TI: Do you recall your dad's feelings, realizing he had to walk away from this restaurant, was it hard for him?

FS: It was hard. That's when he started saying that when he left Japan, he didn't have nothing. At that time, 1941, December, I think he had -- because every month, I used to bring three hundred dollars to the Yokohama Specie Bank to be remitted to Japan. Three hundred bucks American money he used to send once a month. So that money was put into the bank in Japan, okay? But meantime, we had money in the Yokohama Specie for local, American money. That was frozen when the war started. FBI froze it right away. So my dad had no money to operate, and he couldn't sell the restaurant, so he just hung on, because he knew that, we heard about the camp. So we thought that the sooner we went to camp, the better, because the less we suffer, monetary. But we went to camp in April of '42. Yeah, April. So all during that time, from December, my dad was operating without hardly no money, except for the daily money. The bank was frozen. So my dad was disgusted with America. He had land in Japan, farmland, a house, and a big, what they called a kura, storeroom, and he had all kinds of stuff. He had farmland in two areas, my mom's area and his. So he was pretty rich. All came from America. So he knew there was more stuff in Japan than what he hid, and here he had nothing. Here when we went to camp, we were supposed to be rich, but we didn't have no money. So my dad had to work just to get supplement money, pennies. He had thousand dollars in the bank. I don't know how many dollars, but three, four thousand dollars. That was his extra savings, couldn't touch it. His checking was no good no more. Same thing.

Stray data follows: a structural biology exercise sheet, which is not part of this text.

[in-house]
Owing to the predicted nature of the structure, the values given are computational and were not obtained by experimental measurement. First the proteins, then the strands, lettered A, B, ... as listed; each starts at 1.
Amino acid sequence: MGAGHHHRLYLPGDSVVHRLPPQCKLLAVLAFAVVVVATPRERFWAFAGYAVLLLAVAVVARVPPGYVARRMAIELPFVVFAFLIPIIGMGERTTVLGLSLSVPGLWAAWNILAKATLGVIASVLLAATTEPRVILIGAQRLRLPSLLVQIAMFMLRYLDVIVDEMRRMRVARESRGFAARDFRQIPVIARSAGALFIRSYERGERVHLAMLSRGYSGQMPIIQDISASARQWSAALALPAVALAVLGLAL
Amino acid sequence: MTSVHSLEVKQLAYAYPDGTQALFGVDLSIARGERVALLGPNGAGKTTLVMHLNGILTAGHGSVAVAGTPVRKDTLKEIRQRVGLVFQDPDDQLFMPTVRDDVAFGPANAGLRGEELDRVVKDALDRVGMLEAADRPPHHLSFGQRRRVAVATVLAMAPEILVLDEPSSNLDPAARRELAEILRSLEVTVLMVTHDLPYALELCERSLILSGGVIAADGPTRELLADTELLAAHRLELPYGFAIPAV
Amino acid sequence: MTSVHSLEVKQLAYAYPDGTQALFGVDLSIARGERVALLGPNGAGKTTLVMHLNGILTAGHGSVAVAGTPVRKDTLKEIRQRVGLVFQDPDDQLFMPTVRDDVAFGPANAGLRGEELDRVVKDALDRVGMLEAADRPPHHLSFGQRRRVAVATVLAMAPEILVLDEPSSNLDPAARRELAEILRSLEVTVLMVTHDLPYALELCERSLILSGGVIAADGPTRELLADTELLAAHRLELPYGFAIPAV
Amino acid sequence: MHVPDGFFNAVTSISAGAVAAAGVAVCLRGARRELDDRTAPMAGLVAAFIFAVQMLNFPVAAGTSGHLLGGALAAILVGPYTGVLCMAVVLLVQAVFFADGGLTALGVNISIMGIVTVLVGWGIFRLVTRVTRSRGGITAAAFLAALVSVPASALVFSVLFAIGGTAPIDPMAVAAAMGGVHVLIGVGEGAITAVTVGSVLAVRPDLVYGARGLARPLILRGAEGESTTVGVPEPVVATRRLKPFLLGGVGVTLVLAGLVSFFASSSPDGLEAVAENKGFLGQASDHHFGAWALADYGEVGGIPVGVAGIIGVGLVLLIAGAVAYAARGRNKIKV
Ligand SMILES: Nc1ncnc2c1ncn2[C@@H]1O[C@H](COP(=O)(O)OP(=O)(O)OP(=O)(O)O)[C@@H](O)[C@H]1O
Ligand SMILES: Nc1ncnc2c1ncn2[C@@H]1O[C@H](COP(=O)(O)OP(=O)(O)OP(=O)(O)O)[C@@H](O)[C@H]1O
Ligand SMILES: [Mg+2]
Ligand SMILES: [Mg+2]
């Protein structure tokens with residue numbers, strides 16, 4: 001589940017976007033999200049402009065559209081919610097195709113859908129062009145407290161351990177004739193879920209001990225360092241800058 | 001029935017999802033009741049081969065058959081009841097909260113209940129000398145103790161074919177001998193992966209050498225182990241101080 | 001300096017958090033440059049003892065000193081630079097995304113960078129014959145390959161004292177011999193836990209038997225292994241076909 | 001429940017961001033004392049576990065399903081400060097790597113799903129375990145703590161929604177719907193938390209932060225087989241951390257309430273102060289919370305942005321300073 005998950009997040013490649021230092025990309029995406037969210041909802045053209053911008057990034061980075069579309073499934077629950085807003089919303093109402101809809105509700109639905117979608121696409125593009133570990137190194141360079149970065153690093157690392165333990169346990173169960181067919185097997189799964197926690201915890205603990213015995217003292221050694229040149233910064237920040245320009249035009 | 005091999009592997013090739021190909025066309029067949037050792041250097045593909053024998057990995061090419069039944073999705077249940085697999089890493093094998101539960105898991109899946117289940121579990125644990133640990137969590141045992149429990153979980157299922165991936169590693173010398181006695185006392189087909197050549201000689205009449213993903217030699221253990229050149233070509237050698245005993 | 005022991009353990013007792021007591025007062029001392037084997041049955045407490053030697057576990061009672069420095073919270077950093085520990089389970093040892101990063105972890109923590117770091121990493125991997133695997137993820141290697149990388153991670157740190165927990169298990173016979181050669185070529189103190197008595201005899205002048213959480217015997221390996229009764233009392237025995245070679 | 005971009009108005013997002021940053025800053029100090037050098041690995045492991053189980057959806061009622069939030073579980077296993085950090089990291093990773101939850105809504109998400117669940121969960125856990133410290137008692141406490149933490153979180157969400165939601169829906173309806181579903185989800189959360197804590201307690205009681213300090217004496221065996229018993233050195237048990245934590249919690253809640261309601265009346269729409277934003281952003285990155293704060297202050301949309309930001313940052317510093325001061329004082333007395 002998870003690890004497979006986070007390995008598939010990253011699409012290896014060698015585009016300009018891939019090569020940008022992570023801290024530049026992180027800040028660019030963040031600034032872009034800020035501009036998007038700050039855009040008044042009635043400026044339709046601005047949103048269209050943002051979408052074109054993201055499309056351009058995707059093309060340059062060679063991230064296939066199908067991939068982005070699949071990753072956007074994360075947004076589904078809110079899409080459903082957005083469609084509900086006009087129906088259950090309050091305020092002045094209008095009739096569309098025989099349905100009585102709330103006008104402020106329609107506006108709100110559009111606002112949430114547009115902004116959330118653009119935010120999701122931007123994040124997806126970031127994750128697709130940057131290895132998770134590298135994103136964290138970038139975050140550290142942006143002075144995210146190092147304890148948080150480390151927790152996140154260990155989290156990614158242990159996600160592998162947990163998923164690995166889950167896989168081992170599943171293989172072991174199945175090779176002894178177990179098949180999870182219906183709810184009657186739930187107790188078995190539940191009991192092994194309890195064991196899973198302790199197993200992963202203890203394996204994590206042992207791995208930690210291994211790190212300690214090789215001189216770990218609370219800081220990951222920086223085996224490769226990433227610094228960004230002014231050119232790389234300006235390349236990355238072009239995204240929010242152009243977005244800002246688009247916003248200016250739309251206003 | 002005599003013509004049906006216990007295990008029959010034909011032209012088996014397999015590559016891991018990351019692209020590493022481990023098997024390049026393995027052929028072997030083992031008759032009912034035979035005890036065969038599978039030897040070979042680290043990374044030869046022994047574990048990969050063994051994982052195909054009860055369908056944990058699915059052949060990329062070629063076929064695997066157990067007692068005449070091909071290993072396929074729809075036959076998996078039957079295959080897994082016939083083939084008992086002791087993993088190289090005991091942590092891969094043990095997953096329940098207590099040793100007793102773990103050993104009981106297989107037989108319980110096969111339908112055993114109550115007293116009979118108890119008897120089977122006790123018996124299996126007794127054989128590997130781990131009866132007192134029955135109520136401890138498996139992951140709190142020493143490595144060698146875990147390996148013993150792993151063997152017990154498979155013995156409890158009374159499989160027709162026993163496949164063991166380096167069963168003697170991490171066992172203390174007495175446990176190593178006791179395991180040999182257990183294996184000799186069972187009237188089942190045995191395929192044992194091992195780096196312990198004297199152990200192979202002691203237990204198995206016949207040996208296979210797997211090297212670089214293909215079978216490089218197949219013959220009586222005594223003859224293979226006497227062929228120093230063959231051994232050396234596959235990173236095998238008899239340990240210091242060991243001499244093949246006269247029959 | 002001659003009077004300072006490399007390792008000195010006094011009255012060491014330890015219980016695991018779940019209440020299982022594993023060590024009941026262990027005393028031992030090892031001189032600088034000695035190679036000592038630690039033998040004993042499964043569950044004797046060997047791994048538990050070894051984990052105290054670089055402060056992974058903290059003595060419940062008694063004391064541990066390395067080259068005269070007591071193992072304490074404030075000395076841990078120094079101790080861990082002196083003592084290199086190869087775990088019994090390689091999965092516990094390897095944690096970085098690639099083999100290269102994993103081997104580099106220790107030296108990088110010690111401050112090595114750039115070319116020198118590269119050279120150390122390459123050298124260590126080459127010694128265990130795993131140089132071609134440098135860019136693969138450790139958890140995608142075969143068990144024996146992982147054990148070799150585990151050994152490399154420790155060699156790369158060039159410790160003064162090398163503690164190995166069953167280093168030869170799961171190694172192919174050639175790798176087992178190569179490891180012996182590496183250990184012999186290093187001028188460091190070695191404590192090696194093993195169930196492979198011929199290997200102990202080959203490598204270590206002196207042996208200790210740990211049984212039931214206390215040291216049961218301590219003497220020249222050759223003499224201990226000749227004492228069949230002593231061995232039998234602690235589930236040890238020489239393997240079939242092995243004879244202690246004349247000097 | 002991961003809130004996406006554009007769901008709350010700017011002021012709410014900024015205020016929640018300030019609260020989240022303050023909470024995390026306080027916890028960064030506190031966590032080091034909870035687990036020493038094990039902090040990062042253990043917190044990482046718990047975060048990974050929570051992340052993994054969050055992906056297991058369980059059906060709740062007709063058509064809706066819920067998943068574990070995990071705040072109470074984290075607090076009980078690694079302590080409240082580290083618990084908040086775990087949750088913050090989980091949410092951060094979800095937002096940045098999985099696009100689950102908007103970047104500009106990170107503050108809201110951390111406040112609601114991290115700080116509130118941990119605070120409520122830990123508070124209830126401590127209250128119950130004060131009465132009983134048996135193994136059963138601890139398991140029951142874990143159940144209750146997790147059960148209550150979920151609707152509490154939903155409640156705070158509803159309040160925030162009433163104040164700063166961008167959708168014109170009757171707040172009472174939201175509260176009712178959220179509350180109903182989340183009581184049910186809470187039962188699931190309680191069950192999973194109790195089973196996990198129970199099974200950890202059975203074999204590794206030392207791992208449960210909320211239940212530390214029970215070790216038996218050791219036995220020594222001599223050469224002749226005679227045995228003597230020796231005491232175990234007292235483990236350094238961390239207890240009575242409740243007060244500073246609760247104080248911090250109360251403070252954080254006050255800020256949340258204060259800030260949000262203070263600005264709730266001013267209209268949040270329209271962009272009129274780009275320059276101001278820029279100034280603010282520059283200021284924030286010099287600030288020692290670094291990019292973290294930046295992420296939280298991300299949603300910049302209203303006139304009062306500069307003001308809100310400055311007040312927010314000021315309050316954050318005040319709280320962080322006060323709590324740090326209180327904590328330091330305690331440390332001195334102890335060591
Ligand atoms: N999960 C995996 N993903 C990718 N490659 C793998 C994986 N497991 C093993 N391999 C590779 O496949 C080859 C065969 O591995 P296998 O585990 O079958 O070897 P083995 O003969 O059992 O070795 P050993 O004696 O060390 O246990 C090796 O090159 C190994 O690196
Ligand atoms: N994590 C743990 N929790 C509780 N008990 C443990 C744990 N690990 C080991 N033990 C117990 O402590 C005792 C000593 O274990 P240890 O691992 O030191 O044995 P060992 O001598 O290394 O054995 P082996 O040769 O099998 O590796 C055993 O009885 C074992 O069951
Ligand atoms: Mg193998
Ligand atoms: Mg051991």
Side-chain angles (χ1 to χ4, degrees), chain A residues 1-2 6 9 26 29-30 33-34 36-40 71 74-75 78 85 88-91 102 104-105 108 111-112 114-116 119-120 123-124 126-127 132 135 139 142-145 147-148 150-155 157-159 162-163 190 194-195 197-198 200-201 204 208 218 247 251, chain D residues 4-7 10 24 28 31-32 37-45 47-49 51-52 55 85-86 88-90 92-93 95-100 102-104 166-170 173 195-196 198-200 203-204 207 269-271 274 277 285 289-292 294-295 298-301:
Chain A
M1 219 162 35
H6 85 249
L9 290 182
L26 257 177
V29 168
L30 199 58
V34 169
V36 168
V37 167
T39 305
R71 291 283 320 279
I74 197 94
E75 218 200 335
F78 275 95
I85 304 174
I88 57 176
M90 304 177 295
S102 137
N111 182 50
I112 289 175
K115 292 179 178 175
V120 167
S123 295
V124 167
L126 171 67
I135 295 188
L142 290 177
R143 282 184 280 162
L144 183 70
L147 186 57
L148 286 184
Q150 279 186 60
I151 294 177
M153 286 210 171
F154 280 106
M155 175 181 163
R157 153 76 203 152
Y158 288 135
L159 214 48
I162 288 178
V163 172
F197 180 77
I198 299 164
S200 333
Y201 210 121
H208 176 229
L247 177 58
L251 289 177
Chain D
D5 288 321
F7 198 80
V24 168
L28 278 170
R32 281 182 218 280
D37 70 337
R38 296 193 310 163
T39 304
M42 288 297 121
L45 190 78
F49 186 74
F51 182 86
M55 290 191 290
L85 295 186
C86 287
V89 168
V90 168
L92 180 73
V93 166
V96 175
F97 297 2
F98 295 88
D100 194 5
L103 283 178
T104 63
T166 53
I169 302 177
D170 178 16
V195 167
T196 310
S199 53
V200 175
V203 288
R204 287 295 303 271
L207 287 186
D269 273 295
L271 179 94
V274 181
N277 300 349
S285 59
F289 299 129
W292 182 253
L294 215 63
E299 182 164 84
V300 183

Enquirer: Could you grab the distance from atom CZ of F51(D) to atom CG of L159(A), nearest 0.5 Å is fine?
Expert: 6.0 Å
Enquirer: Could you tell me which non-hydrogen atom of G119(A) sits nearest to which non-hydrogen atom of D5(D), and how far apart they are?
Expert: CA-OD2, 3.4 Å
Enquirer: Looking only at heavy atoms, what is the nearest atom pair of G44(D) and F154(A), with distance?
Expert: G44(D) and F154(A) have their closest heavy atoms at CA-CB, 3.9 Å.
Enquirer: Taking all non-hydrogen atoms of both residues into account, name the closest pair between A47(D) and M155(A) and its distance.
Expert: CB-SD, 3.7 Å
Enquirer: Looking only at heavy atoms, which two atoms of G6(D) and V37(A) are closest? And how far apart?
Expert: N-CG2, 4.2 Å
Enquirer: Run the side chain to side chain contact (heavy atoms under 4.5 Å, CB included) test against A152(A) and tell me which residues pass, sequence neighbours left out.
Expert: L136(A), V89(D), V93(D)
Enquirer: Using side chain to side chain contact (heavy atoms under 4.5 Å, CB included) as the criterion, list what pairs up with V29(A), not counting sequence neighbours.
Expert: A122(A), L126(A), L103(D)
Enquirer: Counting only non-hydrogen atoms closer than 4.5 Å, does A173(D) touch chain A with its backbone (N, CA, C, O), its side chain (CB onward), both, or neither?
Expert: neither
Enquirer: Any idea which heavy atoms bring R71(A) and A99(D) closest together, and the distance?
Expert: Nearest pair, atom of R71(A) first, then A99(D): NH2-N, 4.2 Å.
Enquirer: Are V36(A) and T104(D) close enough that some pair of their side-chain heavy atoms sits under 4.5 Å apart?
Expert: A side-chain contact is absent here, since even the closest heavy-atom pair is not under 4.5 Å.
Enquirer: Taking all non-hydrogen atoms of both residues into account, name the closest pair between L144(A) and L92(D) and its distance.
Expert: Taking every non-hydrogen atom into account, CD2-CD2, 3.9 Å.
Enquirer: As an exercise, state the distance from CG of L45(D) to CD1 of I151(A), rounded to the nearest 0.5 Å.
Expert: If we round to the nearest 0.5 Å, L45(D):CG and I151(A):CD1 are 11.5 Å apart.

TI: Well, during this time period, so it's hard for your dad, he was just living off the daily receipt.

FS: Daily receipts.

TI: What were you doing during this time?

FS: Same thing, working in the restaurant and hearing about the war. Japan did, Japan was going here and there. I didn't know where the hell Indochina was, or Singapore, let alone.

TI: And how about business? Did business change after?

FS: No, no change.

TI: So still the same people.